Is The Russian Economy Really Being Hurt By Sanctions?
The media is telling us how the sanctions placed by the West is really hurting the Russian economy and Putin. What is questionable is whether this is true.
We have to acknowledge that there is a propaganda war being waged as well as a military one. Both sides are putting out "news" sharing how well they are doing. For this reason, it might be best to take whatever the narrative with a grain of salt.
However, we have to wonder are the sanctions really having an impact on the Russian economy? After all, this is a big selling point of the Biden Administration and the West.
So let us delve into this and see what we are dealing with.
Like most economies, the Russians produce a variety of goods. Their economy is of decent size but it is not as robust as many. Finished goods are not really their forte.
Where the Russians excel is with raw materials. The country has a lot of natural resources, some of the most plentiful in the world. This is where the country's economy offers a great deal of resiliency.
There are a couple factors to consider here.
When we look at the Russian economy, there is a baseline for them. They have an abundance of food and energy. This means that, regardless, of what the sanctions do, the Russians can feed themselves and keep the lights on. Having power is important during those Russian winters.
The same baseline might not exist for many of the European nations.
Another factor is that countries around the world need what the Russians have. Being a provider of raw materials, they are what go into the manufacturing of other countries. Therefore, as the world is finding out, turning the backs on what the Russians have is different from not buying finished products.
There might be some hurting oneself when trying to inflict harm on them.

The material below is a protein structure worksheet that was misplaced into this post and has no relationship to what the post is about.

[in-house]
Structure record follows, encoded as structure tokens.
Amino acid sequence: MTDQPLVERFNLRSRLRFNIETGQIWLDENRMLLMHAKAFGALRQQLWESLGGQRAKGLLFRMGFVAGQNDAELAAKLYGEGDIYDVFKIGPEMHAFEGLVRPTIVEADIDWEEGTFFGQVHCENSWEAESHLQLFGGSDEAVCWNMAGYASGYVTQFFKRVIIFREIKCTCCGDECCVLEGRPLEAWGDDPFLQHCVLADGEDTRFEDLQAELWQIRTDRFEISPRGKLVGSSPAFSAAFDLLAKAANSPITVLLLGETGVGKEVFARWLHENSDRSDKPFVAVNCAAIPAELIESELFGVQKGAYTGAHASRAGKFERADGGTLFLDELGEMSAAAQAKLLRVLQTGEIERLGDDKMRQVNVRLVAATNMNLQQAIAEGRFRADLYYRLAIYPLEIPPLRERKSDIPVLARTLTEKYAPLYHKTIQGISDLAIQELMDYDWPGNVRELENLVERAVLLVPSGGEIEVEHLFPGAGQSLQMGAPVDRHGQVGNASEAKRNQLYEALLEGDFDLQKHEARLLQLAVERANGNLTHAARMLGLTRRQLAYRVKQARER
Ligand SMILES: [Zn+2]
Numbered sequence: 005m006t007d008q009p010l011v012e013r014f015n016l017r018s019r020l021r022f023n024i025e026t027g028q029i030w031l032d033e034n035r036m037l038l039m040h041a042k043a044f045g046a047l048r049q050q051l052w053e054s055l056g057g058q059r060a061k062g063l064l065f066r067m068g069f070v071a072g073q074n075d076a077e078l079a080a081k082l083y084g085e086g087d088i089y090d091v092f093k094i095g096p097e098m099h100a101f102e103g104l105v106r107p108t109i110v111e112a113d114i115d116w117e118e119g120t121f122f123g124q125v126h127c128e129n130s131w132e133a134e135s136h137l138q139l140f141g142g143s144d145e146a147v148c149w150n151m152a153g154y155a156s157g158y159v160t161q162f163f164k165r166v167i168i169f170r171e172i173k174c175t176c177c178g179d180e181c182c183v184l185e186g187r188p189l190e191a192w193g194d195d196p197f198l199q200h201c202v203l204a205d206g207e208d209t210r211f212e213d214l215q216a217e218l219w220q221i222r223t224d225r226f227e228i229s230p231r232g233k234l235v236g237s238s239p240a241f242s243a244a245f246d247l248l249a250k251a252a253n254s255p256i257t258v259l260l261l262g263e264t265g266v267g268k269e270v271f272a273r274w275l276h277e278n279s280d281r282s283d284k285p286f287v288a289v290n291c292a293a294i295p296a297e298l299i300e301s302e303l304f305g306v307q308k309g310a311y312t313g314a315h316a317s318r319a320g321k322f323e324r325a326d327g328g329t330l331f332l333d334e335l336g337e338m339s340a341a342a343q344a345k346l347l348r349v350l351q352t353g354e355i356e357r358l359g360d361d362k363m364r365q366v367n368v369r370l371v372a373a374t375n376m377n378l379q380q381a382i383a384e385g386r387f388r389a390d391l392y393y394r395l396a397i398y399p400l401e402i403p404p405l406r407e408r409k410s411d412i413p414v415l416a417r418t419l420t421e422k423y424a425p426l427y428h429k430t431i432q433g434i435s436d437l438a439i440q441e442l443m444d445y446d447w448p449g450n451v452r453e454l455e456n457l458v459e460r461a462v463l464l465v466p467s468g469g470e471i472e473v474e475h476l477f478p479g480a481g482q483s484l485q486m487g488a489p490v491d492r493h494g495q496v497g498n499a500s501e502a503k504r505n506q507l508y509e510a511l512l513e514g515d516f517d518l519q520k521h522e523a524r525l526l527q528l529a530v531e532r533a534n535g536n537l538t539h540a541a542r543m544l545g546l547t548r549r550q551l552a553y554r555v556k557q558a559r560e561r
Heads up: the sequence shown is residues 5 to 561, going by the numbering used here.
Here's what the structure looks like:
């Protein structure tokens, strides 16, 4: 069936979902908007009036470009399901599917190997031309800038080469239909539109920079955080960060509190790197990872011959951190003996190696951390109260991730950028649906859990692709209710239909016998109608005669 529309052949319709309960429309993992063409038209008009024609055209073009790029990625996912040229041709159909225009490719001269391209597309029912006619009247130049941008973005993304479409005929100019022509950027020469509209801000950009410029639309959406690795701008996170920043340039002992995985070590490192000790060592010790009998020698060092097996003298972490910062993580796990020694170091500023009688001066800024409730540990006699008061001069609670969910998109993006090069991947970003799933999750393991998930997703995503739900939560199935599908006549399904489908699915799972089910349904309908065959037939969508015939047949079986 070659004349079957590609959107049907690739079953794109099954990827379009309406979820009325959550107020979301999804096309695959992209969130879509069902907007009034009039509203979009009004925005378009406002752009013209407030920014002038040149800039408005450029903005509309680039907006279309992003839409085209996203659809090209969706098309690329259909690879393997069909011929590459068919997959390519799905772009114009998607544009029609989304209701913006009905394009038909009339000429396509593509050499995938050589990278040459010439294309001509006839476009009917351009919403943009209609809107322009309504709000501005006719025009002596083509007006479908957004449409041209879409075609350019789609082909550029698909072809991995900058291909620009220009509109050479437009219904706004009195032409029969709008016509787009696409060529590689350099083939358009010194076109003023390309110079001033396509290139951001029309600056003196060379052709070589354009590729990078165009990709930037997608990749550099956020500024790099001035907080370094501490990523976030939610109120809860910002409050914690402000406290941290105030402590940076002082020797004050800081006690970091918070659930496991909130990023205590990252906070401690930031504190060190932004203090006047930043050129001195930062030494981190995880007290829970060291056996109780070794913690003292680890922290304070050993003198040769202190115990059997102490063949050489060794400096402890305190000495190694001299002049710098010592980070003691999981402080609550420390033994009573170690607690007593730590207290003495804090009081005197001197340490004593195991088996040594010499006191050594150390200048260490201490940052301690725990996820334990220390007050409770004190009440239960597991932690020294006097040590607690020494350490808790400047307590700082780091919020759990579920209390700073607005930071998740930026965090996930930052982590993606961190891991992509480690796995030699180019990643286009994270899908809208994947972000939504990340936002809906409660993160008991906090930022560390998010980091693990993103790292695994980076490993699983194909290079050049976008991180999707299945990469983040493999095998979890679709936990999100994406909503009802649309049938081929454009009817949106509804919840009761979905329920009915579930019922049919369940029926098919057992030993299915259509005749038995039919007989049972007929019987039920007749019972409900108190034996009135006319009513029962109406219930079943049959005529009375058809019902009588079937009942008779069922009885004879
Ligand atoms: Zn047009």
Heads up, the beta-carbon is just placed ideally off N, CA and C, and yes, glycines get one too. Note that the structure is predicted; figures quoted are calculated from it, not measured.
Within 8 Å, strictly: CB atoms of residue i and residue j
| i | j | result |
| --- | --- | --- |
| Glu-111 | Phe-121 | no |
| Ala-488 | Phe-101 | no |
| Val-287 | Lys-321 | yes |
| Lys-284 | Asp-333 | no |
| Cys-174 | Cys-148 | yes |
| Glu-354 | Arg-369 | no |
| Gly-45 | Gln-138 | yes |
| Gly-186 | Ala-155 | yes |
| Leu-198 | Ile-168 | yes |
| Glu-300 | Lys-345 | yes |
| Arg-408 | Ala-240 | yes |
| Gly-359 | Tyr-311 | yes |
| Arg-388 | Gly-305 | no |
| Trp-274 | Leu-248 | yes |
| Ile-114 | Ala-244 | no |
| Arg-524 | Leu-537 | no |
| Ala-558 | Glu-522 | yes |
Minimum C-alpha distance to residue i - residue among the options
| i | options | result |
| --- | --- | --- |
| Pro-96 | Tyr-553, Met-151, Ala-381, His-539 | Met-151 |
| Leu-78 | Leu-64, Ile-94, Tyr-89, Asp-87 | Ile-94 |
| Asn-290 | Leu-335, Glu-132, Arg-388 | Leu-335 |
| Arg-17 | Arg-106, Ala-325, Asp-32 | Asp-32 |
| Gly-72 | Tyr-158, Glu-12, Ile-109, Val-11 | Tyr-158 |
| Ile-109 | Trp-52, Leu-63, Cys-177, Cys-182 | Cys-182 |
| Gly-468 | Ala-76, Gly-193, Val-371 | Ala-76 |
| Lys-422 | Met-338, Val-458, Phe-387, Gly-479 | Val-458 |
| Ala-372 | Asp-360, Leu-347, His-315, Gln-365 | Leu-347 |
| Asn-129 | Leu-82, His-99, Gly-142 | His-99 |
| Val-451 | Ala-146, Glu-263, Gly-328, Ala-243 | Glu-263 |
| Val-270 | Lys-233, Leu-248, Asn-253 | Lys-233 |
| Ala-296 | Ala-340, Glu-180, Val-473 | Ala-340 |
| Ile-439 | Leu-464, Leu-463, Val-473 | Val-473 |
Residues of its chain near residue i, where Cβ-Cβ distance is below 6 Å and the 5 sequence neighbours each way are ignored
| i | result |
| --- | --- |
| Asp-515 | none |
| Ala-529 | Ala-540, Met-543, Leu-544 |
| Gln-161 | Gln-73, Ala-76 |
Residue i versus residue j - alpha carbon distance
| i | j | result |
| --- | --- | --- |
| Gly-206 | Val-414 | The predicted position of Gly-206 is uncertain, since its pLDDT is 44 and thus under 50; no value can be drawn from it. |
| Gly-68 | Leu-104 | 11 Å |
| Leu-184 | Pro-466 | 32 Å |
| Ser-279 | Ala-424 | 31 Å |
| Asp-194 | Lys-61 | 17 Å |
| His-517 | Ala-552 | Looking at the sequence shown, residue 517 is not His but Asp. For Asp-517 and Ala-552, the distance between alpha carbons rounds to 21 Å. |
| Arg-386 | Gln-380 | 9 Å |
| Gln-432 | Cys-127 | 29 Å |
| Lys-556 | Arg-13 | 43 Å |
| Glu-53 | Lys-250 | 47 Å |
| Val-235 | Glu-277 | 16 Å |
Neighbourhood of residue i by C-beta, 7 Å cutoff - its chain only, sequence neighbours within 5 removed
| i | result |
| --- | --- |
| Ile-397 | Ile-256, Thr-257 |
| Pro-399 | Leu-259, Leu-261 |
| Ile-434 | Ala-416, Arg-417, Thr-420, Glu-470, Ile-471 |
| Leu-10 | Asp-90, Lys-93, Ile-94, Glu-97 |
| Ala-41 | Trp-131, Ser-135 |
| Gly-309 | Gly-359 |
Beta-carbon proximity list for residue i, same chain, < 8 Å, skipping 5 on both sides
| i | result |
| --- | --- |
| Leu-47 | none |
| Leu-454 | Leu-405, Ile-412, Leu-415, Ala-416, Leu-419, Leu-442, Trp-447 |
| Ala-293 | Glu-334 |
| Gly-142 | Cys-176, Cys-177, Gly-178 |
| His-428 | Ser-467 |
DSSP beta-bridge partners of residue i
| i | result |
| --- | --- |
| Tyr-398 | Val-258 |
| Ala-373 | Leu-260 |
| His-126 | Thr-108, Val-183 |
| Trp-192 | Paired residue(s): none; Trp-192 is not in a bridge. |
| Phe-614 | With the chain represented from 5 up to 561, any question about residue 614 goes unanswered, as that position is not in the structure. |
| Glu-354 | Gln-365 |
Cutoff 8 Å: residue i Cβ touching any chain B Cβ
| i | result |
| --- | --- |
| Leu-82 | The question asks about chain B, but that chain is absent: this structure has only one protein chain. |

Oil And Gas
One of the primary exports for the Russians is oil and gas. This is something that is obviously having an impact throughout the global economy.
Here is where it is questionable of what damage is truly being inflicted upon them. Since the sanctions began things in this area are going crazy.
According to the IEA, Russian exports of oil jumped in April, the month after the war began. So while other products might be seeing a hit, the energy sector is actually gaining.
While the players might have changed some, the result is the same: countries need energy.
Despite current sanctions and more to come, total Russian oil exports rose by 620,000 b/d in April to 8.1 million b/d, returning to the January-February (Jan-Feb) average, according to the International Energy Agency (IEA). Nonetheless, a reorientation of trade flows is already taking shape, with a notable shift of volumes from Europe and the US to India.
There is another factor to consider. Not only is the amount of oil the Russians are exporting growing, the price has shot up a great deal. We saw oil go from $90 a barrel to the recent $120. That is a full 33% increase over what the Russians were previously getting.
We naturally have to wait for some updated numbers since these are a couple months old. However, it does appear that the energy sector is going to keep the Russian economy pumping.
Sanctions Tend Not To Work
The Russians are not new to this. We saw the US place sanctions on that country as far back as Obama. Therefore, this is just more of the same.
At some point we could see an impact. However, while the two largest Russian banks were kicked off SWIFT, they still have means of operation. There are plenty of banks around the world that have relationships with those banks. Thus, they are not likely to end any of the off balance sheet transactions that were conducted.
Essentially, the Russian, just like the Iranians and Venezuelans, are not really cut off from the banking system. This is where we see the ineffectiveness of governments. When there is a system outside their reach, nothing can be done.
In the end, the sanctions placed upon Russia might inflict more pain on Western Europe than it does them. As stated, Russia has one advantage: it is resource rich and what is exports in this regard other countries need.
Is the world willing to suffer a major shortfall in these areas?
Only time will tell.
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